He wondered if Leslie knew the stock-boy. A soon-to-be senior, Leslie would be a couple of grades older than him, but this being Millerstown, the school only had a few hundred students in all. Perhaps they passed one another in the halls each morning, or ate at adjacent tables during lunch. Leslie was pretty, with long auburn hair and bright hazel eyes. Fred knew that she was a popular student at Millerstown High, and he suspected that she probably had little to do with boys like Miles Kiski. Since the fall of her ninth grade year, Fred had noticed a change in his daughter. Fred had no idea how, but suddenly she was owed so much more than she was given. He suspected that it wasn’t only Leslie, though, but every one of her friends as well.
Some were new, some he had driven to softball practice just a few short years before, but all seemed to be cut from the same mold. Christie, Jenny, Kara, Melissa, they formed a small force wherever they went, created a slight but unmistakable gravitational pull. Their hair was always long, either flowing off the shoulders or pulled back in tight pony-tails using black or red ties. Each was unnaturally tan in proportion to the average amount of sun in Millerstown, their legs and arms shining light brown against their white tank tops and denim shorts. They wore too much make-up, which bothered Fred, and the deep blue eye-shadow rimming their lids made their eyes look larger, wider, somehow older. When they walked down Main Street in small droves, their plastic bracelets rattled and their flip-flops thwacked against the heels of their feet. When they spent the night in the basement of his home, staying up late to talk and watch movies, Fred could always faintly detect the smell of their perfumes blending into one alluring, troubling odor.
There was something foreign about these girls, something that unsettled him. They lacked an innocence that Fred realized they never had the chance of developing―not in a suburb, like any other, that had lost the same innocence in the years leading up to their births. It was an innocence that had a Radioshack and Tropitan built on top of it. The girls were faultless, of course, but Fred feared them just the same.
As he walked through the darkness of the empty field toward the very parking lot where he had first met Miles, he thought he saw something move up ahead in the distance. It looked as if someone, dressed in white perhaps, was walking slowly across the pavement. He quickened his pace, broke into a jog. When the shape of the store grew larger and the grass at his feet turned into asphalt, there was nothing there to see but an empty lot. An odd hum filtered through the air, like a heavy fog, coming from the woods just beyond the parking lot.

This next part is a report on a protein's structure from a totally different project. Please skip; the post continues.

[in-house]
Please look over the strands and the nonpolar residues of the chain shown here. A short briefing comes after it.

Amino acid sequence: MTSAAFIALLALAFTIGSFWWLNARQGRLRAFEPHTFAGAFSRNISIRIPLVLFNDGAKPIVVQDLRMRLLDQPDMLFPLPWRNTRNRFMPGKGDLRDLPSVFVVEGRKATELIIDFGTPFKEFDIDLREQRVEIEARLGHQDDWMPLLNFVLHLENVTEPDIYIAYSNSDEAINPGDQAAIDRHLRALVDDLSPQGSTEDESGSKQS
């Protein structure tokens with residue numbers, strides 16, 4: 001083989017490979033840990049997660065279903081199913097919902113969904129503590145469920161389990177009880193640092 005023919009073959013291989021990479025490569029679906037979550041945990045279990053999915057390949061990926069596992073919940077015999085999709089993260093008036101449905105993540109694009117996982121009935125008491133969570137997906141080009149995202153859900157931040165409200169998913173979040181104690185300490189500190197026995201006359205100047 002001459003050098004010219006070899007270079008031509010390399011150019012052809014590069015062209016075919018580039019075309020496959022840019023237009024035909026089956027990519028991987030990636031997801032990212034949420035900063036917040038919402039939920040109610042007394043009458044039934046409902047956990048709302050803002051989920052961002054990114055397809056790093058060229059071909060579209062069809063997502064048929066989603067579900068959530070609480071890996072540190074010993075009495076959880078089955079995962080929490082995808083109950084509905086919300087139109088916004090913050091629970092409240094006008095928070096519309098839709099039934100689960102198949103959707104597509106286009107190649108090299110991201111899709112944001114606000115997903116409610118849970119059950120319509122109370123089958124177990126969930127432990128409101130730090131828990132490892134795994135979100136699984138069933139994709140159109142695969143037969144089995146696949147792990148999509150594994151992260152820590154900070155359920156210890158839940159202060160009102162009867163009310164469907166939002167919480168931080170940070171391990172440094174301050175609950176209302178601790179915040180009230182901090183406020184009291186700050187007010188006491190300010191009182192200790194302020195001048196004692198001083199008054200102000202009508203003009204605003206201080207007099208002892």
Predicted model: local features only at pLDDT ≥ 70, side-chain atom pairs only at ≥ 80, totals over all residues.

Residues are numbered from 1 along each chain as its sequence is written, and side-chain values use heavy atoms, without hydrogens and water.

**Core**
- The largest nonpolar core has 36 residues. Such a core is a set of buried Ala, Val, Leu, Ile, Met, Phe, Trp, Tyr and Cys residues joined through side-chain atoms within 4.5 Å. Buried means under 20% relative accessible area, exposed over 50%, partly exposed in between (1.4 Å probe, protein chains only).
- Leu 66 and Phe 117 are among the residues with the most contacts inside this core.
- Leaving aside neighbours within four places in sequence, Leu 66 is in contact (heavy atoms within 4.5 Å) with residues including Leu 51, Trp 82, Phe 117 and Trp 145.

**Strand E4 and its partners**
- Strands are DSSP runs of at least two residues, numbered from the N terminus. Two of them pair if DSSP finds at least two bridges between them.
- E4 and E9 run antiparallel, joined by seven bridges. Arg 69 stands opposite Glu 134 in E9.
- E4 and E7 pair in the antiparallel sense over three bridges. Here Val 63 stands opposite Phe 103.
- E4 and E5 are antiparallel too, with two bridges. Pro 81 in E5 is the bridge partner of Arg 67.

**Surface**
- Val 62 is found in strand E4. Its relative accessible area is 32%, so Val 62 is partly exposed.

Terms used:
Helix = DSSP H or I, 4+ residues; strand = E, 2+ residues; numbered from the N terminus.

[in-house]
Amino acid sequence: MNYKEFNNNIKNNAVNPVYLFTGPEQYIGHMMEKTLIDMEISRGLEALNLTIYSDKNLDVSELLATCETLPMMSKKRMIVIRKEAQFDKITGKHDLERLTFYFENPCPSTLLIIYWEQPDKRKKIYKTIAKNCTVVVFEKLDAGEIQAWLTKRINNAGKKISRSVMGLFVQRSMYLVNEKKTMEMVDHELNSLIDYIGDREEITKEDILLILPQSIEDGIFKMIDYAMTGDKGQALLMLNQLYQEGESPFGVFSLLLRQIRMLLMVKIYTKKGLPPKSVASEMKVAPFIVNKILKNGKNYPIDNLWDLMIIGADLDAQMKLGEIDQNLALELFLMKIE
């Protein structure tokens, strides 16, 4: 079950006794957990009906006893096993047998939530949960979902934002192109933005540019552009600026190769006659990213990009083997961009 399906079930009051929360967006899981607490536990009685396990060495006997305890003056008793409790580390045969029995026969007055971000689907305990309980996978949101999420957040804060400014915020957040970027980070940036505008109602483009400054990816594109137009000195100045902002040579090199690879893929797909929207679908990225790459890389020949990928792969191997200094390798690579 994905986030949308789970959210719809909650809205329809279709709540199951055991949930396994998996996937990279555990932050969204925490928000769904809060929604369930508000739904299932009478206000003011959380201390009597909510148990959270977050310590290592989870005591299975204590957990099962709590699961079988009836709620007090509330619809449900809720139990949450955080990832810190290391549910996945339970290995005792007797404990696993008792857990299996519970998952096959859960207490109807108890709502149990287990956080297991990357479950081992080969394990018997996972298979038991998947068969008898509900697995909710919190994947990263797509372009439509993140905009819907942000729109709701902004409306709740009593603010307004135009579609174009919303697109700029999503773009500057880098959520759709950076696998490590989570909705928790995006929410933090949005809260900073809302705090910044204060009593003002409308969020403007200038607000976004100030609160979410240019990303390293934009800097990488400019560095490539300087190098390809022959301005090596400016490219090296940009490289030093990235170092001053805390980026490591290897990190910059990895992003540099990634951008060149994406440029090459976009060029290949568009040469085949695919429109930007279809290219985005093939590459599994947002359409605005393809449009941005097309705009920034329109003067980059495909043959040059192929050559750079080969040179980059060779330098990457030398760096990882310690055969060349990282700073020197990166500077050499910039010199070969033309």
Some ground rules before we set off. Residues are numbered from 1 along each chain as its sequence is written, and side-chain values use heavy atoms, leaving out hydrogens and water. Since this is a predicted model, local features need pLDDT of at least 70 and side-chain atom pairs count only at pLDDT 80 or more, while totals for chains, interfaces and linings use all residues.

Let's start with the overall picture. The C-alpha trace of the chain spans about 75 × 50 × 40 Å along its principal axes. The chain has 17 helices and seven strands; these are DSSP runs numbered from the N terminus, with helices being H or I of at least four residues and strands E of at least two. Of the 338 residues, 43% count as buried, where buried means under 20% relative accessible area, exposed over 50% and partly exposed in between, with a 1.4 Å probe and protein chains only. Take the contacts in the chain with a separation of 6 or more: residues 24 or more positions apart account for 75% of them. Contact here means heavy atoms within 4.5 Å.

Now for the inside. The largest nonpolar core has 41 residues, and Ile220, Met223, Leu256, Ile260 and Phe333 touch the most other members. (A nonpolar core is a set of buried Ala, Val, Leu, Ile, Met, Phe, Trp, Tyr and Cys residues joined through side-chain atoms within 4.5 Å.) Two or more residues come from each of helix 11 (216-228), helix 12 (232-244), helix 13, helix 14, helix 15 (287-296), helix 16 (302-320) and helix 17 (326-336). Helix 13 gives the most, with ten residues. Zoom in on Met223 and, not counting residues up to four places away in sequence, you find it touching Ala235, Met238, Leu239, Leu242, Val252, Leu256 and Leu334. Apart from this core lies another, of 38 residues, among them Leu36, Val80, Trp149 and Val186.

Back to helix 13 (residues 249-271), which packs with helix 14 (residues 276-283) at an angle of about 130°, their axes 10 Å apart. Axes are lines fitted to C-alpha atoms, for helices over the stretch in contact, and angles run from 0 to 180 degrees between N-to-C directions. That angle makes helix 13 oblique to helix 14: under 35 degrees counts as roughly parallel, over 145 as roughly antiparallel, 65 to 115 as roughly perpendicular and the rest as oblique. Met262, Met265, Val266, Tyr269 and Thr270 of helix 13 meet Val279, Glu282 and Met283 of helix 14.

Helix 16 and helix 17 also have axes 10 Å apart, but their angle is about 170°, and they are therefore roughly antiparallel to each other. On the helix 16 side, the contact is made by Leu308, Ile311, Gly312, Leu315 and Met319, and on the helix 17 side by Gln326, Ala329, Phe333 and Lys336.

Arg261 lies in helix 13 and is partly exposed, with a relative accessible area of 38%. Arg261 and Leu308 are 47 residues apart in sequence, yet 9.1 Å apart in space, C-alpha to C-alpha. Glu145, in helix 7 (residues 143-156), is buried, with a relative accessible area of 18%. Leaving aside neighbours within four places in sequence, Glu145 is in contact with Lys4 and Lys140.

He stepped into the edge of the tree-line and the ground was soft and wet. There was a faint smell that Fred couldn’t quite place, but he also couldn’t tell if it was new to him or not. He turned to take one last look at the parking lot before entering the woods, but something caught his attention in the Shop & Save. Straining his eyes, he detected a slight movement on the other side of the entrance doors. Somebody was inside.
Miles walks slowly down a long aisle of nothing but breakfast cereal, tipping boxes off the shelf as he goes along. Lisa is next to him, the image of Lisa, the spirits that changed themselves into Lisa. Cartoon faces are all around in the dark; a pirate, a mummy, a bee with an enormous tongue. They remain silent as he and Lisa stroll together. He looks down at her wrist, becomes embarrassed. The pony-tail bounces against the neck, and it is almost perfect. They round a corner, not speaking a word. In the distance, he thinks he hears a ringing. Something like a metal marble rolling on the floor.
They would be in complete blackness if it weren’t for the freezer and dairy sections rimming the outer walls of the store, running on a softly humming generator and glowing neon white from the bottom up, like a phosphorescent moon. And even now, as Miles and his Lisa walk slowly together down the aisles, things begin to change around them.
Colds and Allergies has moss, hanging ivy and a wooden structure overhead that Miles has seen in backyard gardens all over town. Lisa reaches back and takes out the tie in her hair, drops it to the grassy ground. Her silhouette changes, her hair blooms wide. He knows not to reach for her wrist, though he wonders what the curve feels like. A box of Theraflu becomes an owl and hoots, twisting its neck all the way around. Aisles away or in the parking lot, the marble continues to roll.
Paper Plates and Bath Tissues is a quiet stream, with rocks lining its edge. They stop for a moment and he considers taking off his shoes and wading in, but Lisa has already turned down Cake Mixes and Candy. He follows behind her, careful not to look too closely. He knows he shouldn’t touch her or stare in her eyes, so instead he gazes off to his right the way he would if they were in a tree-filled park at midnight. All he can see is the black shape of the shelves, but he looks anyway and they keep walking on their path.
This is nice, he thinks, the two of them walking. No need for touching, no need to talk or anything else. But now he wants to show her the moon glow, the impossibly bright and deep shine and see her in it. He wants to see the whiteness reflect off her white skin, in her dark eyes. Taking her wrist, he leads her down a corridor of bushes, of shelves. There are crickets now and a distinct breeze.
Dairy glows gloriously. It is almost blinding, and for a moment he worries that she will not want to approach it, but she is leading him now. They are up close to it, and he turns to look at her. Her eyes are down on the ground and her face is bright, as bright as the electric lights in front of them, brighter. Her arms begin to glow, her wrist and her legs. Her mouth opens, her hair raises slightly. They take one step closer and she is gone. Vanished. Burned up in the light.
Beyond where Lisa had been he sees a dark shape, an outline in the doorway. A familiar man standing, with his hands cupped against the glass looking in on him. Miles knows who he is and now he wants to tell him what it was he saw that day in the parking lot when he hit poor Mrs. Adderly with the carts. He thinks he might understand.
Around them, an enormous humming closes in.
Poetry, Vol. 4.1, March 2010 We would do well this night to remember the blood the strength that began this life song pulling amniotic light inside those tissued shores, where bones and pain find their way home this night of placental dark we would do well […]